This work of fiction by Pulitzer Prize winner, Geraldine Brooks, was based on the true story of the Hebrew Codex know as the Sarajevo Haggadah. This beautifully illustrated 15th century book, one of the earliest Jewish volumes with such illustrations, had been miraculously saved numerous times. The book had come to light in 1894 and was considered mysterious because it was illustrated during the time that Jews considered figurative art to be a violation of the commandments. During WWII the book was saved from the Nazis by a Muslim. In 1992 at the onset of the war in Bosnia, the book was heroically saved again, this time by a Muslim named Ozren Karamar. He put it in a safe deposit box in the vault of the central bank. Then in 1996 Hanna Heath, an Australian conservator of medieval manuscripts, is hired to inspect and document the book, getting it ready for an exhibition. The book was to be a shrine of Sarajevo multi-ethnic heritage.
When Hanna began her meticulous work, several articles are found in the book’s binding: part of a butterfly wing, wine stains, salt crystals and a white hair. These items were the clues Hanna used to uncover some of the mysteries of the book’s past. The story goes backwards in time, 1940 to 1480, to Venice, Tarragona and Seville with each article Hanna found being chapters devoted to the history of that item and how they came to be in the book. In between Hanna has her own personal dramas going on.
Brooks deftly sets the scene at the National Museum where Hanna and others are waiting for the book to arrive. There is a definite sense of impatience and suspense. This was an incredible story of a magnificent document. The history of how and when the book was made was of great interest to me as the story drew me in immediately. Brooks has obviously deeply researched the subject weaving it into a vastly entertaining historical tale. I did find my ignorance of the Jewish faith and some of the history made this a slower read for me although it was definitely a very engaging saga of the past and how it connected to the present with the amazing journey of the Haggadah.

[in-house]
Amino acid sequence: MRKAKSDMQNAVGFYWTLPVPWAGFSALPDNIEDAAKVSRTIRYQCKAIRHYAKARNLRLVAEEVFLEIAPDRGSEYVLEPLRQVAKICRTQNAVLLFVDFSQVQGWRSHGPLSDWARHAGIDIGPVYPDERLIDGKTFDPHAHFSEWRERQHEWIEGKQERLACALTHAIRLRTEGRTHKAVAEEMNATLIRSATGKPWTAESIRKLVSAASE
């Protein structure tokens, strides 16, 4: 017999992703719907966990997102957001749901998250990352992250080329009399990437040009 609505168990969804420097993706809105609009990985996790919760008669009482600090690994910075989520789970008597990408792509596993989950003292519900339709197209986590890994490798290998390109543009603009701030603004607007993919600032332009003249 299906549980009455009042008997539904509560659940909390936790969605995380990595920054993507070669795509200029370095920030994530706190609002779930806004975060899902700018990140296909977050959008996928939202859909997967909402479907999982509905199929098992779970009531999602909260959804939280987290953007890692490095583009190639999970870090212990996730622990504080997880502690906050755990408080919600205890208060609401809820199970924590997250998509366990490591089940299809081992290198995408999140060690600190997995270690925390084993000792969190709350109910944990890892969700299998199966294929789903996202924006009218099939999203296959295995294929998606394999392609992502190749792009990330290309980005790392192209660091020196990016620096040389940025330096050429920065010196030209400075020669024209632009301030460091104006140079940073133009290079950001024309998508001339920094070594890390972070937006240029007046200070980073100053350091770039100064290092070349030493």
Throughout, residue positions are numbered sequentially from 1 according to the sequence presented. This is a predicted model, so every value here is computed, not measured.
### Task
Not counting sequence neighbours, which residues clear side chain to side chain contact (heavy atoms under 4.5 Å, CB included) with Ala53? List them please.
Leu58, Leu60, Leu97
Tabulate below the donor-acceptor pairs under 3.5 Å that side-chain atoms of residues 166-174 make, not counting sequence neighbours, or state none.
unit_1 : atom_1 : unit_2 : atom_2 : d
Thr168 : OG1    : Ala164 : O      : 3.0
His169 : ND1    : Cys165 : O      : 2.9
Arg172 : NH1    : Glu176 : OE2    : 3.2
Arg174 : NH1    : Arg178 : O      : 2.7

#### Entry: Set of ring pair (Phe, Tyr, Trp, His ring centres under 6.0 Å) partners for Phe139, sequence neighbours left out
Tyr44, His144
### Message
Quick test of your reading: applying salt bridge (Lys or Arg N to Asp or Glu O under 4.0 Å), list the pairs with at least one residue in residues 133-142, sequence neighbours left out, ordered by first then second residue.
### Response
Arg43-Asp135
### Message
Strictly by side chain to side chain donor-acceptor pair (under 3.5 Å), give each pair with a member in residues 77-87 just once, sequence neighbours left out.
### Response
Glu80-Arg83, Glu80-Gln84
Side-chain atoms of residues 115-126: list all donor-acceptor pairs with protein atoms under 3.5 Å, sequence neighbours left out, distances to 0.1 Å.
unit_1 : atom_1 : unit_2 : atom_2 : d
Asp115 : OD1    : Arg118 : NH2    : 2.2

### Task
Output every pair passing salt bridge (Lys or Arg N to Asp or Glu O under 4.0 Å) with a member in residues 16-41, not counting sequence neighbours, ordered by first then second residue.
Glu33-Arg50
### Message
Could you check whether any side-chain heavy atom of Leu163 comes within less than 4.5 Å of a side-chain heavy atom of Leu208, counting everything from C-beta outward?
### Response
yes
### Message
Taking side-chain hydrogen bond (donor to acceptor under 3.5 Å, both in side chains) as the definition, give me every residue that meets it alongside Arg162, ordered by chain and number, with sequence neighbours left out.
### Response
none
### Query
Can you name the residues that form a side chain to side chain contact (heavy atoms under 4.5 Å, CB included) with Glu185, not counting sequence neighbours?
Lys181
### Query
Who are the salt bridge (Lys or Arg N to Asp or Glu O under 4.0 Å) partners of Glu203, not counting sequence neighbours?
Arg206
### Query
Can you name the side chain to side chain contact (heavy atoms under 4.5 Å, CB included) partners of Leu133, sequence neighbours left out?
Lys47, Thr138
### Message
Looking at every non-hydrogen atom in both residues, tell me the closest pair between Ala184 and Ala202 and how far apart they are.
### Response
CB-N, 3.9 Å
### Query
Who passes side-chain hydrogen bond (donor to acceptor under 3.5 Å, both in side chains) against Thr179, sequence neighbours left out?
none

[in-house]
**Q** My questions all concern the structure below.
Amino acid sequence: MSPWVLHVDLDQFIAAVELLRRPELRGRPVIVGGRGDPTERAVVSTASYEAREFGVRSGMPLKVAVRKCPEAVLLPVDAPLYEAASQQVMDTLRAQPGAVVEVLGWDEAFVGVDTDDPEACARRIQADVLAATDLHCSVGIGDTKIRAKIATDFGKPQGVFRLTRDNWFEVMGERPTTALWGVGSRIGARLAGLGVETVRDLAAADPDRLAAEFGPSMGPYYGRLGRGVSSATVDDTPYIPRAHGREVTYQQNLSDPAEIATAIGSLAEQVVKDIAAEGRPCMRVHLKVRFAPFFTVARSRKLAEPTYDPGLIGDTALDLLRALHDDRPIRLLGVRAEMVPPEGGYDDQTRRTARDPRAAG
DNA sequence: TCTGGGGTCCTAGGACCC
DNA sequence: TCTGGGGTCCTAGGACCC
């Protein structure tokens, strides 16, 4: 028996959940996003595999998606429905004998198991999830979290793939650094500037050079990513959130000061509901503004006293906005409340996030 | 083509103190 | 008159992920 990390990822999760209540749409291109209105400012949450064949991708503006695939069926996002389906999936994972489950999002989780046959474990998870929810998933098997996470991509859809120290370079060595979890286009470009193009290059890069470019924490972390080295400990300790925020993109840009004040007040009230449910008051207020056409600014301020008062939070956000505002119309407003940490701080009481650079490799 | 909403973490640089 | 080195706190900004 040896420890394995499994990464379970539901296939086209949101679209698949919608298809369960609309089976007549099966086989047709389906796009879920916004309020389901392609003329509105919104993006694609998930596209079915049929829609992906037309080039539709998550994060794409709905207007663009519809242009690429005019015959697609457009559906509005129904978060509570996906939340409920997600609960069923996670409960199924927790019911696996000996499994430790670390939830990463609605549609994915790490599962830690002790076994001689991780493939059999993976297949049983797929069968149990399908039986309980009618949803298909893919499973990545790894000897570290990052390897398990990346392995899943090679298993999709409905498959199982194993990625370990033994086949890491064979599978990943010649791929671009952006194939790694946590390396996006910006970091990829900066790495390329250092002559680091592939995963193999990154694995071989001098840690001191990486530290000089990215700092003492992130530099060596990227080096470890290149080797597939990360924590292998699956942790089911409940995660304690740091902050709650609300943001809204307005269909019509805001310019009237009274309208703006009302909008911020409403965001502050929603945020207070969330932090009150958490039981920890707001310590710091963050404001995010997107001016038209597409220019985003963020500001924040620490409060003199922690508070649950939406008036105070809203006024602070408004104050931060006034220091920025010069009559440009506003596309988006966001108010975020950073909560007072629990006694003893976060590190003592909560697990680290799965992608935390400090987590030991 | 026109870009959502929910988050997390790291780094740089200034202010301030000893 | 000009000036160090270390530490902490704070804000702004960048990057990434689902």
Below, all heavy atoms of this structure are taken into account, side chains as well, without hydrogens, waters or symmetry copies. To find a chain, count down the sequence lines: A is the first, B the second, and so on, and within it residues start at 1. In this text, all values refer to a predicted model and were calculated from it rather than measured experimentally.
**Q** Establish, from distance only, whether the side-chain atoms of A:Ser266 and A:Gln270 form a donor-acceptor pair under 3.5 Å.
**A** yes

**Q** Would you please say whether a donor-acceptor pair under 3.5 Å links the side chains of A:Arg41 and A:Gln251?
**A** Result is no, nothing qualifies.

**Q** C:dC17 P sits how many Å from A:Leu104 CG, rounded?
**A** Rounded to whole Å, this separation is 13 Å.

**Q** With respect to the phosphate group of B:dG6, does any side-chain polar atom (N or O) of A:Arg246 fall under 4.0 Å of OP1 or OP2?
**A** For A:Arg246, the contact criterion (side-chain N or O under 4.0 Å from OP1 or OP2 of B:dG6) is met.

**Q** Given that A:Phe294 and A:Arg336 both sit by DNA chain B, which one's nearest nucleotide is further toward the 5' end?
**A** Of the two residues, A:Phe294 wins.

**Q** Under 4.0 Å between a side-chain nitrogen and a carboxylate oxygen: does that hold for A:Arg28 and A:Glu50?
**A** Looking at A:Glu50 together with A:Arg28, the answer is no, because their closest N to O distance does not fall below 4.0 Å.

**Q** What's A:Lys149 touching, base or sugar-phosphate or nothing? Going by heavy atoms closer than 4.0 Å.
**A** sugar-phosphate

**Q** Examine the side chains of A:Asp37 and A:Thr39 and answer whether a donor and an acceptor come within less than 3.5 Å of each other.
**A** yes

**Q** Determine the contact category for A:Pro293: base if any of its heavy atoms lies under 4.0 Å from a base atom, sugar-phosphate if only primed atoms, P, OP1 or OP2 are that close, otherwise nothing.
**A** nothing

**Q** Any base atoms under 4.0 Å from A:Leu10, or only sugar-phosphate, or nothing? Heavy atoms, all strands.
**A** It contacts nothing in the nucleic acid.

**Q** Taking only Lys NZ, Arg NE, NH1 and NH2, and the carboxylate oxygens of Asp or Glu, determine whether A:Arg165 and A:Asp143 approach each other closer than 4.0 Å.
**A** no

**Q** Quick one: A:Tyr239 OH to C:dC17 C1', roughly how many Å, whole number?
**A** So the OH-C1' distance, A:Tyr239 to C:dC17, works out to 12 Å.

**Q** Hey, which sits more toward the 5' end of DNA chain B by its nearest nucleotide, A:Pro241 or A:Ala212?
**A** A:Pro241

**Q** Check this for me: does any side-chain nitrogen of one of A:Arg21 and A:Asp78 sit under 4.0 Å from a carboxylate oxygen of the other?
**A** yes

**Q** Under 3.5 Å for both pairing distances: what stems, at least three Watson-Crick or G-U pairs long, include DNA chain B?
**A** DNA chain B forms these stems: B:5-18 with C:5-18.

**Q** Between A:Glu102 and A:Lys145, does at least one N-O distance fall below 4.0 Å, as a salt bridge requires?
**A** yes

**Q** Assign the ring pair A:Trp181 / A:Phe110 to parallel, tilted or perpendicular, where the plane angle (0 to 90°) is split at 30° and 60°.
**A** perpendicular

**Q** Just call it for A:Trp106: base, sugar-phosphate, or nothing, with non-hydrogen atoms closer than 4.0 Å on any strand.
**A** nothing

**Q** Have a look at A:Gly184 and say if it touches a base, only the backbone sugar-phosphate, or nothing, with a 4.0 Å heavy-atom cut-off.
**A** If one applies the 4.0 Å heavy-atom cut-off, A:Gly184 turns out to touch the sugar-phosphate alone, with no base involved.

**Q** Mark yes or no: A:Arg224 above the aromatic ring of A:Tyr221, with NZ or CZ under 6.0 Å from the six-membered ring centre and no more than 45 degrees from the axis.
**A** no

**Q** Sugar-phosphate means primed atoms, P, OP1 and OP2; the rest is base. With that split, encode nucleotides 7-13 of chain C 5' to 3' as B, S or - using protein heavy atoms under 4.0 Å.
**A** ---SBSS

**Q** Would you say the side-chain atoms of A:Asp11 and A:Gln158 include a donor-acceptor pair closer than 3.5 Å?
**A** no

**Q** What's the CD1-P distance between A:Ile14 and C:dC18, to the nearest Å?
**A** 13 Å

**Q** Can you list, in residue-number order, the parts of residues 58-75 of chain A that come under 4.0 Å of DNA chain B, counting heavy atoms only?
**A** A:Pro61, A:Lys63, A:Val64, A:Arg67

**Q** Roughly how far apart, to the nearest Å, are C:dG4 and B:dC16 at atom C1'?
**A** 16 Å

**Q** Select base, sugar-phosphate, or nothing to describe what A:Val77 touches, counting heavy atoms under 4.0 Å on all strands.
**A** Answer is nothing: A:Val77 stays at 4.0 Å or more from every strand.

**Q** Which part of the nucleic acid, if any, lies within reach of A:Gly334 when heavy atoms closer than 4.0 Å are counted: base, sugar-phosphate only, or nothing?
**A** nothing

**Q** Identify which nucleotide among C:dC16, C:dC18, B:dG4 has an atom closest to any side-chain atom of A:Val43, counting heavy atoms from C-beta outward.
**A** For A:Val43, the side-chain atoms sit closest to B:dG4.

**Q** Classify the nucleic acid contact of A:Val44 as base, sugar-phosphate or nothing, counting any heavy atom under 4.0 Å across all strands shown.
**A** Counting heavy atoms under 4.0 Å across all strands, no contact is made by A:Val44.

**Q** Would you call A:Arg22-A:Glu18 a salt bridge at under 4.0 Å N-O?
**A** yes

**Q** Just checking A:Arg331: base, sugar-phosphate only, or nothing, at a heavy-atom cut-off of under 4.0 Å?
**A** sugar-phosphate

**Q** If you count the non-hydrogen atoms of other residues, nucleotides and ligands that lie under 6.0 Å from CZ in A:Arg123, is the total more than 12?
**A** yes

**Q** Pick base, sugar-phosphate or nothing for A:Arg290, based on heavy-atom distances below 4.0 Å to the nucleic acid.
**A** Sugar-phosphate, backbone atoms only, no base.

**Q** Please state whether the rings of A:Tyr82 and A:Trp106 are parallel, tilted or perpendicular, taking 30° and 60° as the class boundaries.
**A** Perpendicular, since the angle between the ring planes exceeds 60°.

The characters, for the most part, were multi dimensional, well fleshed out ones. The chapters about Hanna and her present day life were not quite as interesting as the historical chapters. I wish the historical chapters had been a little longer as the different plotlines were excellent. There were times I found myself almost holding my breath to see what happened next. Brooks has a very fluid style and her descriptions made the images and the history really come to life. Stories of war, family relationships and basic survival made for an intriguing tale.
At the beginning, there is an excellent map of the global journey of the Sarajevo Haggadah. At the end is an interesting afterword, a conversation with the author and then questions for discussion. When a book makes me want to read more about the subject and other related matters long after the last page is read, then I think that is a sign of a very good book. All in all, an extremely enjoyable read. Highly recommended 4*